You Can’t Go Home Again* is the name of a 1940 novel by Thomas Wolf, about an author who writes memoirs on how he grew up in an American small town. Unfortunately, his depiction of his home town is so unflattering that it even leads to threats on his life. Wolf uses this as a metaphor for the rapid changes taking place in society during the 1920s and 30s and how average people were responding.
During the first season of Battlestar Galactica,** the spacecraft Viper is badly damaged, and Starbuck is stranded on an inhospitable planet. The title of the episode, “You Can’t Go Home Again,” expresses the virtual hopelessness of her situation. Since Starbuck is a space hero, she finds a way to rejoin her squadron, but she never does get home again.
Always Coming Home*** is a 1985 novel by Ursula LeGuin, in which she creates a fictional distant-future “Kesh” culture in Northern California, based on Native American models, who have only vague memories of our day and our society. Through the thoughts of a woman named Stone Telling, she expresses the longing for the “something more” every sensitive person of every culture seems to be reaching for.
This theme of wanting to go home seems to describe a major element of our humanity. We know we “can’t go home again,” and yet some part of us feels we’re “always coming home.” We use words like “nostalgia” and “deja vu” to describe the uncanny longing we feel about the present moment in the context of the larger past and the limitless future.
I’d like us to think about HOMECOMING SUNDAY at ABC that way. Most of those I’m writing to have mixtures of feelings and impressions connected with the Church. As you consider attending this reunion service, you may re-experience good memories you’d enjoy having again, but you may also have a fear that you’ll be disappointed that things aren’t the same. It’s actually out of such blends of thoughts and feelings that growth and creativity emerge. If we’re all preparing ourselves in this way, the combinations of our personal journeys may bring some surprises.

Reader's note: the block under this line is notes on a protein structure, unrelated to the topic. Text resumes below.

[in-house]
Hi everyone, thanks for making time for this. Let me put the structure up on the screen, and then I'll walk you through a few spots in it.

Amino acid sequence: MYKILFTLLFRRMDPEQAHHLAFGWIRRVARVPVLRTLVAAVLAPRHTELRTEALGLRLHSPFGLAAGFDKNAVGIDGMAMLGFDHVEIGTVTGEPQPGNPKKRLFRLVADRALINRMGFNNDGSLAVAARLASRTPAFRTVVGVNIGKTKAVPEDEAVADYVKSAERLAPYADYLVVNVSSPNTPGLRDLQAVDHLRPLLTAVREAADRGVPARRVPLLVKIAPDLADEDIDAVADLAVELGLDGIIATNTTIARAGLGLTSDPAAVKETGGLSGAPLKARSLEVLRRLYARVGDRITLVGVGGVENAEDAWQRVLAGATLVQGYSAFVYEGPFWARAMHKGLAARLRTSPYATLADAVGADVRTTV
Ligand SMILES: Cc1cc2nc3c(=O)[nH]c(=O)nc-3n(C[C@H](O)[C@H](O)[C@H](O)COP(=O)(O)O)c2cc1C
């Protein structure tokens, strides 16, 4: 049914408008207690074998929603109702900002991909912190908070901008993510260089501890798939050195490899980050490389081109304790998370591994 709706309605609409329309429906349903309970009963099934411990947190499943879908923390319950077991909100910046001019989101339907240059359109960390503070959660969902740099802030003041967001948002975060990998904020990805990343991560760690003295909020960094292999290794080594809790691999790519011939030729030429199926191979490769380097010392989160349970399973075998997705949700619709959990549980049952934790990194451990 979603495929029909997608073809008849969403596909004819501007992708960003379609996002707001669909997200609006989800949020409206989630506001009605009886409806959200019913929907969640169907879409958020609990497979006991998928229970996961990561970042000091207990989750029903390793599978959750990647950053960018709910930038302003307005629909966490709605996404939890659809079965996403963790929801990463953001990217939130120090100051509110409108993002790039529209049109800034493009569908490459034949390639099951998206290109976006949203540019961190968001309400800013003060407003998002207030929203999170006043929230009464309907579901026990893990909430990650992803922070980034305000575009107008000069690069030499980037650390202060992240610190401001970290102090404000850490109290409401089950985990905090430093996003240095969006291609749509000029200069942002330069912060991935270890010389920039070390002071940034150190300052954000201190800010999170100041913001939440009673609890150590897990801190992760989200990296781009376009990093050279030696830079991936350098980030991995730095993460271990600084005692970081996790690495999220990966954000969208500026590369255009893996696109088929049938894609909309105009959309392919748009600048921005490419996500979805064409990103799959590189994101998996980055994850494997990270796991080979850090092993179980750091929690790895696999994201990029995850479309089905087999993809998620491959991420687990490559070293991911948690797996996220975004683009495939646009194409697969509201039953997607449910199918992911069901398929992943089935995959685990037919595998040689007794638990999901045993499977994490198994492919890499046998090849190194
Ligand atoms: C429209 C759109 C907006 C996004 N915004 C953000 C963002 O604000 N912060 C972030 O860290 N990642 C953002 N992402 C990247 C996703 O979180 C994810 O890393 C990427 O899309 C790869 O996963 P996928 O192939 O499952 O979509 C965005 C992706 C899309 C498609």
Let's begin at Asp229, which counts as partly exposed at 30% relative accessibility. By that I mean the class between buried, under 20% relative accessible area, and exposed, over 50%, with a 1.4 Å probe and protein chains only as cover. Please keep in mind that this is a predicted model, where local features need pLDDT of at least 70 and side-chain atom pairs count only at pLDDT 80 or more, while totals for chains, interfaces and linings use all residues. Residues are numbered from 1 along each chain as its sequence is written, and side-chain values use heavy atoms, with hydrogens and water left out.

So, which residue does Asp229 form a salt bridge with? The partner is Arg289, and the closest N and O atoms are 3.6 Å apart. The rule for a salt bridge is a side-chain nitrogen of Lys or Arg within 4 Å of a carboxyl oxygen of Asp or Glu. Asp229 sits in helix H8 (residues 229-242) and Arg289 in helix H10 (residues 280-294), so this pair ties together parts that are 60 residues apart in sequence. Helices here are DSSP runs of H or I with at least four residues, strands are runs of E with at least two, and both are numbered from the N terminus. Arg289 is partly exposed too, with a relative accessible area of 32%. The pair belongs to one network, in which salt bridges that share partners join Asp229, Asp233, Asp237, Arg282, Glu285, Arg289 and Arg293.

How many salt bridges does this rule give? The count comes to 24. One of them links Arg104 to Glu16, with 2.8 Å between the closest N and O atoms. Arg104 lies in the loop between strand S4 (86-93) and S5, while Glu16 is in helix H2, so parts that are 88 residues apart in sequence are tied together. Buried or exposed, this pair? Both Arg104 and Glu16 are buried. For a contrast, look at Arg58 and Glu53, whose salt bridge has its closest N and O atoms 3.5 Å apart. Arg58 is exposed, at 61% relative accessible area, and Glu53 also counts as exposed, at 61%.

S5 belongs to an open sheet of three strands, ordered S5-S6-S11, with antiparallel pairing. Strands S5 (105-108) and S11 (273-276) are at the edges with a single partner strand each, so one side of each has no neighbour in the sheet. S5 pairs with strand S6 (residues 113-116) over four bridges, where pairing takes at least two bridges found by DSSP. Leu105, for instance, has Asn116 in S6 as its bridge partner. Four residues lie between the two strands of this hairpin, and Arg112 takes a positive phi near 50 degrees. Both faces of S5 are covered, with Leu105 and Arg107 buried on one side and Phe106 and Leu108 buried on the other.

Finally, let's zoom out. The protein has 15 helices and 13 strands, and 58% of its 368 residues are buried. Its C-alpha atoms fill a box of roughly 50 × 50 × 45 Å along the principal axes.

We just had a little foretaste at last Sunday’s worship service when John and Nadine Walsworth visited from Santa Rosa. John’s mom, Peggy Golden still lives right next door to the Church and is still a very active member. Nadine’s dad, the Rev. James Mason, was Pastor here in the 1960s. After the worship service, Nadine, John and a few of us who knew them way-back-when had an animated conversation about ABC, then, now and in the future.
Pastor Connie and I have decided to preach a shared sermon on Homecoming Sunday. We’re just beginning to shape our ideas, but we’re asking the Lord to lead us as we try to interpret and reset ABC’s course, along with our current active congregation and our special guests from the past. We hope you’ll be part of the experience, rather than being Home Alone.****
* I confess I’ve never read this book.
** I confess I’ve never seen even one episode.
*** I confess I haven’t read this book either. Really, I’m not very good at reading novels or at watching TV series. But I’m a whiz at Wikipedia research.
**** I confess I have watched this 1990 movie twice, plus the sequels.
— Pastor George Van Alstine